We write to you on behalf of our Military Working Dogs. We never really thought about what happened to them after their time was served. We weren’t uninformed because we didn’t care. We just assumed they were taken care of for the duration of their lives by our Government because MWDs risk their lives every day in war zones, just the same as our honorable men and women in the military....
We write to you on behalf of our Military Working Dogs. We never really thought about what happened to them after their time was served. We weren’t uninformed because we didn’t care. We just assumed they were taken care of for the duration of their lives by our Government because MWDs risk their lives every day in war zones, just the same as our honorable men and women in the military.
During the 112th Congress Congressman Walter Jones (R) of North Carolina and Senator Richard Blumenthal (D) of Connecticut brought out the Canine Members of the Armed Forces Act, H.R.4103 and S.2134. This bill had bipartisan and bi-cameral support, as well as support north and south of the Mason Dixon Line. Parts of the bill were amended into the NDAA for FY 2013 and passed.
We would like to share with you the intent and contents of the original version of the Canine Members of the Armed Forces Act.
The original bill reclassified MWDs from “equipment,” as indicated in the Air Force Manual, to canine members of the Armed Forces. “The Military Working Dog is a highly specialized piece of equipment that supplements and enhances the capabilities of security police personal.” (Air Force Manual)
The original bill allowed for the acceptance frequent flyer miles to facilitate the adoption of a military working dog.
The original bill established and maintained a system to provide for veterinary care of retired MWDs to be funded via a non-profit.
Lastly, in the original bill the Secretary of Defense would create appropriate recognition for MWDs who are KIA or perform an exceptionally meritorious or courageous act in service to the United States.
The majority of MWDs are retired for medical reasons. Their medical bills can run thousands of dollars per year. When humans first adopt retired MWDs they not only pay to transport their new family member home, but many times, they also have the expense of flying them self to where the MWD is being retired from, pay for a hotel room, car rental and then the flight back home. The original legislation was designed to help alleviate some of that financial burden from the adopting human by allowing for the acceptance of frequent flyer miles for MWDs. Currently funds are raised on line to help pay for final transportation for most of our heroes to get to their furever home.
Likewise, to help with the potentially astronomical medical bills, the original bill would allow for payment of medical bills via a non-profit. As with the transportation, funds are being raised on line to help pay medical bills for our retired heroes.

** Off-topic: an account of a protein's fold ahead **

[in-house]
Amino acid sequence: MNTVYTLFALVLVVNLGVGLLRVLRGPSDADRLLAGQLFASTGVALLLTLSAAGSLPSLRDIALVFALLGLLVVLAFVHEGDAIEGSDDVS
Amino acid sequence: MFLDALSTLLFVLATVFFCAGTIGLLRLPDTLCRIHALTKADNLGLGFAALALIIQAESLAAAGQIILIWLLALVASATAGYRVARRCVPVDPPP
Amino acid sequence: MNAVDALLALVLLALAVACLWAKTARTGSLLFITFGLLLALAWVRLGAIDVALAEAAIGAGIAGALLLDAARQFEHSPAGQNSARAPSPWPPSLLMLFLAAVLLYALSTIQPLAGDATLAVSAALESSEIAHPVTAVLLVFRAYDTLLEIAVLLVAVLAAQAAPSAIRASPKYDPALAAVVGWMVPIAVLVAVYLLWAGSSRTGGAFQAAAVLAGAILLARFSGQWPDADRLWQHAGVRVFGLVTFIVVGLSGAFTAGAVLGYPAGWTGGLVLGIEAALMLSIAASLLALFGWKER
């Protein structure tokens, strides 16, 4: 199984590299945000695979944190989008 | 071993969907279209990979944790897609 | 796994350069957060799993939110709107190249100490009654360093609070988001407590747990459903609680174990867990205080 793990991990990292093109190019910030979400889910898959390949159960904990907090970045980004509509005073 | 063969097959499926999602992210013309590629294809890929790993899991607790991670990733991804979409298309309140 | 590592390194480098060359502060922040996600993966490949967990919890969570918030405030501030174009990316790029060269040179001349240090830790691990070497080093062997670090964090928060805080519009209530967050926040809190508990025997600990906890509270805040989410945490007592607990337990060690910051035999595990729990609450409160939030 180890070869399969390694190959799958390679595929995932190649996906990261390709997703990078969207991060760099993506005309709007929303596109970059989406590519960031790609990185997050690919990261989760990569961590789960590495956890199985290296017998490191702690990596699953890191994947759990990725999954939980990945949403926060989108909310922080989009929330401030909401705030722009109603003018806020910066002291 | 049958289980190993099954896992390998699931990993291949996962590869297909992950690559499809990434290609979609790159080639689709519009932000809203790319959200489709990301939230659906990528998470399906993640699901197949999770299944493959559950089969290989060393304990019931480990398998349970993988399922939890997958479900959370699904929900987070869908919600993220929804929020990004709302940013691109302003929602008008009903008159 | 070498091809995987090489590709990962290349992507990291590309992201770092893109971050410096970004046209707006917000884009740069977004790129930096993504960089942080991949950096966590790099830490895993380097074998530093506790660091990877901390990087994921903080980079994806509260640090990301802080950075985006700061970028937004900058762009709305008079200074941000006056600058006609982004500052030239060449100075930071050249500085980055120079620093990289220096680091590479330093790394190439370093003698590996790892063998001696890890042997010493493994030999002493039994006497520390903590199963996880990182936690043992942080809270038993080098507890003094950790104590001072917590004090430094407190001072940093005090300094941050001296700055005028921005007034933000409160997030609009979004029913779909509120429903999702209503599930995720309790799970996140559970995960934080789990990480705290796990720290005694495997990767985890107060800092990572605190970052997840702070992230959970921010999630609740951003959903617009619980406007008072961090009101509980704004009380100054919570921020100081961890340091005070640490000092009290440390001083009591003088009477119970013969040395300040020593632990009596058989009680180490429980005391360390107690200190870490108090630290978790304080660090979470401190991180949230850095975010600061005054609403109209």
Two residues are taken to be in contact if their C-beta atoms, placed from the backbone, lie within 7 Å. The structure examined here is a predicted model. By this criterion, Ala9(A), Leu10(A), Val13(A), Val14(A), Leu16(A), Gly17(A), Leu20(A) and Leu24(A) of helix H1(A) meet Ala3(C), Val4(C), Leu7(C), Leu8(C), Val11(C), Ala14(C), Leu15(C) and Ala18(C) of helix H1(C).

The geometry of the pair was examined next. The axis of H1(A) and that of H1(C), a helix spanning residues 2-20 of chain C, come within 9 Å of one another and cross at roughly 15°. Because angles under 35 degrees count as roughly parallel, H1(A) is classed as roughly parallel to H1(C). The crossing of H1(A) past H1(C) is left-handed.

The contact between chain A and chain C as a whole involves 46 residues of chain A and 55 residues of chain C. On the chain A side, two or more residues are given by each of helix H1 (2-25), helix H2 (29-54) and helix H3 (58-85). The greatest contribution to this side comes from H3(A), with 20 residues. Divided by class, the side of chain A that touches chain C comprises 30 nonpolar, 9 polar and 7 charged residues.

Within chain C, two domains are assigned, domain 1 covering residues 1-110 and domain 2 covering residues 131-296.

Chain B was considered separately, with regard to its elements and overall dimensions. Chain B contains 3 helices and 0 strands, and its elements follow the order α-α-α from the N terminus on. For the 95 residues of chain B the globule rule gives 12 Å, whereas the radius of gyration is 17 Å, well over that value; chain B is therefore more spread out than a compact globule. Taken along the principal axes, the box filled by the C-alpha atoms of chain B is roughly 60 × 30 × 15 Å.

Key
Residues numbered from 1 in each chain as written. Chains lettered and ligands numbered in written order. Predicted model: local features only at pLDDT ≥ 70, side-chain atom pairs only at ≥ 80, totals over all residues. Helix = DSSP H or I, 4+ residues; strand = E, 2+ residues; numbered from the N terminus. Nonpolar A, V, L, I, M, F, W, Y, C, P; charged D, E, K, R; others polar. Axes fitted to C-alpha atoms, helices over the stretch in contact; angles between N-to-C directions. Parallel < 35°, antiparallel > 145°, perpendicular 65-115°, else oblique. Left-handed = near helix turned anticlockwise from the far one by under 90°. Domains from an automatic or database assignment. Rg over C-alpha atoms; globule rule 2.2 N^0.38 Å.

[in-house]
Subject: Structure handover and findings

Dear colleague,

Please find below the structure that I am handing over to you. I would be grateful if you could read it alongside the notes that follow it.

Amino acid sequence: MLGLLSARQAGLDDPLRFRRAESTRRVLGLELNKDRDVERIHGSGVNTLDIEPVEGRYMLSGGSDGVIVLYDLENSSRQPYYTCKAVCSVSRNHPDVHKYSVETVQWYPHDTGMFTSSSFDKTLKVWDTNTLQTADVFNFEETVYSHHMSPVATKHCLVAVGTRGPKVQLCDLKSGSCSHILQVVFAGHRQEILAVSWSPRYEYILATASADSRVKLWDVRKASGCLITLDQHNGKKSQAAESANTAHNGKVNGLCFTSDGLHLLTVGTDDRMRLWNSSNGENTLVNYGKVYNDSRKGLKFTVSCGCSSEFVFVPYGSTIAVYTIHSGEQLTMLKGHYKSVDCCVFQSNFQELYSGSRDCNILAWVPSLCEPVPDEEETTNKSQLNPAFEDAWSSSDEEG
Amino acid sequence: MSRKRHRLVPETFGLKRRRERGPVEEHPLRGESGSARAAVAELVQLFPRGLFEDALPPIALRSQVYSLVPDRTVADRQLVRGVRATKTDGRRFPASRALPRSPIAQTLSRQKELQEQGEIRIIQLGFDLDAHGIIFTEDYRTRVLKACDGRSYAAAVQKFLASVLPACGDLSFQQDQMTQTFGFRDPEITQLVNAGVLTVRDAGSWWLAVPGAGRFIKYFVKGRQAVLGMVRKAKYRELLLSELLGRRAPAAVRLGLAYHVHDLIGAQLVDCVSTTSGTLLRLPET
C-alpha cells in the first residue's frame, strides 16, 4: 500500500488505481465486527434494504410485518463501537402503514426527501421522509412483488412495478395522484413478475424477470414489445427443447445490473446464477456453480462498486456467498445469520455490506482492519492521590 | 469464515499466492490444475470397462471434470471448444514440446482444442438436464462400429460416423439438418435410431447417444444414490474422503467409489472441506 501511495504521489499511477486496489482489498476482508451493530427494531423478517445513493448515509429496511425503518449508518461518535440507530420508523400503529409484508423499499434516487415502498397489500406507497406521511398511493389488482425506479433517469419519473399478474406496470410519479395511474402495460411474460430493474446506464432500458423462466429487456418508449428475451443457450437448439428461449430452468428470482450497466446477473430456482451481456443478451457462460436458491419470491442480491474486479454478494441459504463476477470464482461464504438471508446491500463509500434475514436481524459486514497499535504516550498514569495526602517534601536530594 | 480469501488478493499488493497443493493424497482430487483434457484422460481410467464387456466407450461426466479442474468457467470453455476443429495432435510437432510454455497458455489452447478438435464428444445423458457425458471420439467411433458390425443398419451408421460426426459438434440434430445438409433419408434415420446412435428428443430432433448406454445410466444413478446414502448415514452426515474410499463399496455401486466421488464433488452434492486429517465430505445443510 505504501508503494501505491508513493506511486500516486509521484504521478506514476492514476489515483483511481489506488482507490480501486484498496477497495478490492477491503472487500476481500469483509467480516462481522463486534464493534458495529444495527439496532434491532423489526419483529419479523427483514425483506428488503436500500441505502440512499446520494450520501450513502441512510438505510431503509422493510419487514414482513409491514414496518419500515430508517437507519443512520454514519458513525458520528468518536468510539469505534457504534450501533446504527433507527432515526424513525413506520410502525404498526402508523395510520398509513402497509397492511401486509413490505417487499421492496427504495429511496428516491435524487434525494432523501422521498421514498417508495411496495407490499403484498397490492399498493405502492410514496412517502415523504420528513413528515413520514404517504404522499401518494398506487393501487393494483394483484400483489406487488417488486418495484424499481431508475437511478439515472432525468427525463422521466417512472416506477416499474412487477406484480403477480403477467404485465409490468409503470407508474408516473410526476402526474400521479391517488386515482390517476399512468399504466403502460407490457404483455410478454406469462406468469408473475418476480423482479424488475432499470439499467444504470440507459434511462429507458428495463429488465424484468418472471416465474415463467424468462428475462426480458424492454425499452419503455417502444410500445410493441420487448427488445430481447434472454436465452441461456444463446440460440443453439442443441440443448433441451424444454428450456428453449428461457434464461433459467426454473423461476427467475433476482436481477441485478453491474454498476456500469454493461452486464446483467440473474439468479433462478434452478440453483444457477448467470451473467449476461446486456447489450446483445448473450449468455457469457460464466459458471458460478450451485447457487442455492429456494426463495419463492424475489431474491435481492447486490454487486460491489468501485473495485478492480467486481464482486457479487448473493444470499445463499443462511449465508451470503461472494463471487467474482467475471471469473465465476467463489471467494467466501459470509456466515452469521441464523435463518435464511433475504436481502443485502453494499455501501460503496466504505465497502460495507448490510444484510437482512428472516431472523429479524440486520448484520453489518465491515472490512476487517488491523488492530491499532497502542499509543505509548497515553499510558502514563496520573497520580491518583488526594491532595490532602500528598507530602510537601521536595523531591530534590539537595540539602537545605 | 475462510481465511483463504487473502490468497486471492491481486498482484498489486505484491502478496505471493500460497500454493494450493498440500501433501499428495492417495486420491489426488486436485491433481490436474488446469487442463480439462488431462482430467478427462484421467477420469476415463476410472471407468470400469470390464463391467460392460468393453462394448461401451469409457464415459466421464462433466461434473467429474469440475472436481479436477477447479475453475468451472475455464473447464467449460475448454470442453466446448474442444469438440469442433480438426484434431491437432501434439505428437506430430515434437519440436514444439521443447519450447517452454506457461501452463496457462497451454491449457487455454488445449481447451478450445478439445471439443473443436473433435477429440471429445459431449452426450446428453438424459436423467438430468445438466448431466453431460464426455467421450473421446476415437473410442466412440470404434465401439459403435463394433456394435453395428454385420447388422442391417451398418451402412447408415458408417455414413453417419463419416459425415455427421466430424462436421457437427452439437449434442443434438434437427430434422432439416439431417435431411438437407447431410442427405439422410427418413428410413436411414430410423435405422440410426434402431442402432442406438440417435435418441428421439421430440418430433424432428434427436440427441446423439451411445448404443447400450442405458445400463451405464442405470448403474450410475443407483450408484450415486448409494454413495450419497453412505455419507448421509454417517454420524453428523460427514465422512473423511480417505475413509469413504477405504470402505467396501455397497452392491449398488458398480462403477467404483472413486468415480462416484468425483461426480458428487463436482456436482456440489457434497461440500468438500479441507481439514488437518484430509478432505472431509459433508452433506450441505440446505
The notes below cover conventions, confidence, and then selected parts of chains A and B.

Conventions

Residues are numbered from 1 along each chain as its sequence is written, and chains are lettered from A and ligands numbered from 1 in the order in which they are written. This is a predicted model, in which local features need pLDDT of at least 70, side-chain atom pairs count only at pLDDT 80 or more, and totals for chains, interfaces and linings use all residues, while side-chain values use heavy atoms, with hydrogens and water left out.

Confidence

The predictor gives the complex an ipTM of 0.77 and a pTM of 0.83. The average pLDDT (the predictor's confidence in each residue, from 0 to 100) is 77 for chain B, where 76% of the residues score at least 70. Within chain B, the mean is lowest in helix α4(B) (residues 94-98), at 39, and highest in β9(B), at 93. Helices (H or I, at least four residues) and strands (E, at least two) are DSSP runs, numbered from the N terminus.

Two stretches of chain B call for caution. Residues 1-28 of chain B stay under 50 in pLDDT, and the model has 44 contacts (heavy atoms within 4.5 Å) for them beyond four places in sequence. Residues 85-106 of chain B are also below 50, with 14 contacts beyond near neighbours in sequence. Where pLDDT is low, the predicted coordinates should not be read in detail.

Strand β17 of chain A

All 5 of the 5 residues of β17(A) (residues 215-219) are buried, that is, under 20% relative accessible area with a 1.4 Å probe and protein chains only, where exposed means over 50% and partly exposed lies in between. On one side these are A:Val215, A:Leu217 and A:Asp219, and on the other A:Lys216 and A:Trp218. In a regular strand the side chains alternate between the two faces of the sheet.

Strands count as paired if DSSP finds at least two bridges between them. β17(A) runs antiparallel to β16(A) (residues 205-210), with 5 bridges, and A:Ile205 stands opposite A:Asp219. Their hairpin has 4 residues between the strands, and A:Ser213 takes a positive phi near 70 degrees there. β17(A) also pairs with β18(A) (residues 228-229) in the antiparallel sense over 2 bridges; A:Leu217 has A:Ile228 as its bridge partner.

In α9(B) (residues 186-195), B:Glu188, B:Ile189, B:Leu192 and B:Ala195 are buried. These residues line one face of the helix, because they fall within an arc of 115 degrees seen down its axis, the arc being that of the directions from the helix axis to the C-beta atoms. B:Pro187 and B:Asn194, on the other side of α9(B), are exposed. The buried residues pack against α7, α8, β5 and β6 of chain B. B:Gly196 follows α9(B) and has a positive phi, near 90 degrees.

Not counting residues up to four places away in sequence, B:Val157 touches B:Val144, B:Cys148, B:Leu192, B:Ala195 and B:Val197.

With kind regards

We respectfully request that you follow the requests in the letter signed by United States Senators Richard Blumenthal, John Kerry, Olympia Snow, Patty Murray, Bernard Sanders, and Kirsten Gillibrand dated 31 December 2012 that was addressed to former Secretary of Defense Panetta.
We ask that you take advantage of the statutory authority given to the Secretary of Defense by Congress and transport all retiring/retired MWDs to a suitable location for adoption. We thank former Secretary of the Air Force Michael Donley for acknowledging that the Air Force will work with organizations that initiate and fund veterinary care programs for our MWDs. We thank former Secretary of the Air Force Michael Donley for honoring the service of our heroes by providing a commendation letter that identifies the MWD's meritorious service and provide additional recognition as appropriate.
While not in the NDAA, we, like the six United States Senators mentioned above, also encourage you to reexamine the current classification of MWDs as equipment and more accurately reclassify them as canine members of the Armed Forces.
We will share quotes from some of our military leaders who support our wonderful MWDs:
"War dogs have, indeed, served the nation well and saved many lives. Dogs continue to serve to protect Americans both in combat zones and in homeland security roles."
General Colin L. Powell, (Retired)
"I often used war dogs in Vietnam in perilous areas where they quite literally saved many lives. There is no doubt that war dogs deserve to be recognized and honored for their service to our country . . ."
General H. Norman Schwarzkopf, (Retired)
"Technology, like the electronic frequency jammers used in Iraq to prevent bombs from being detonated by cell phones or TV remotes, has been successful, but the highest detection rates were still achieved using K-9 units and trained handlers."
Lt. General Michael L. Oates, (Retired)
MWD Thanks on behalf of Retired MWD Gizmo A085, deceased; Retired MWD Bianca W229, deceased; Retired MWD Brix D141, deceased; and Retired MWD Rambo N577.
They are: Too Cute to be Equipment - Too Brave to go Down Without a Fight!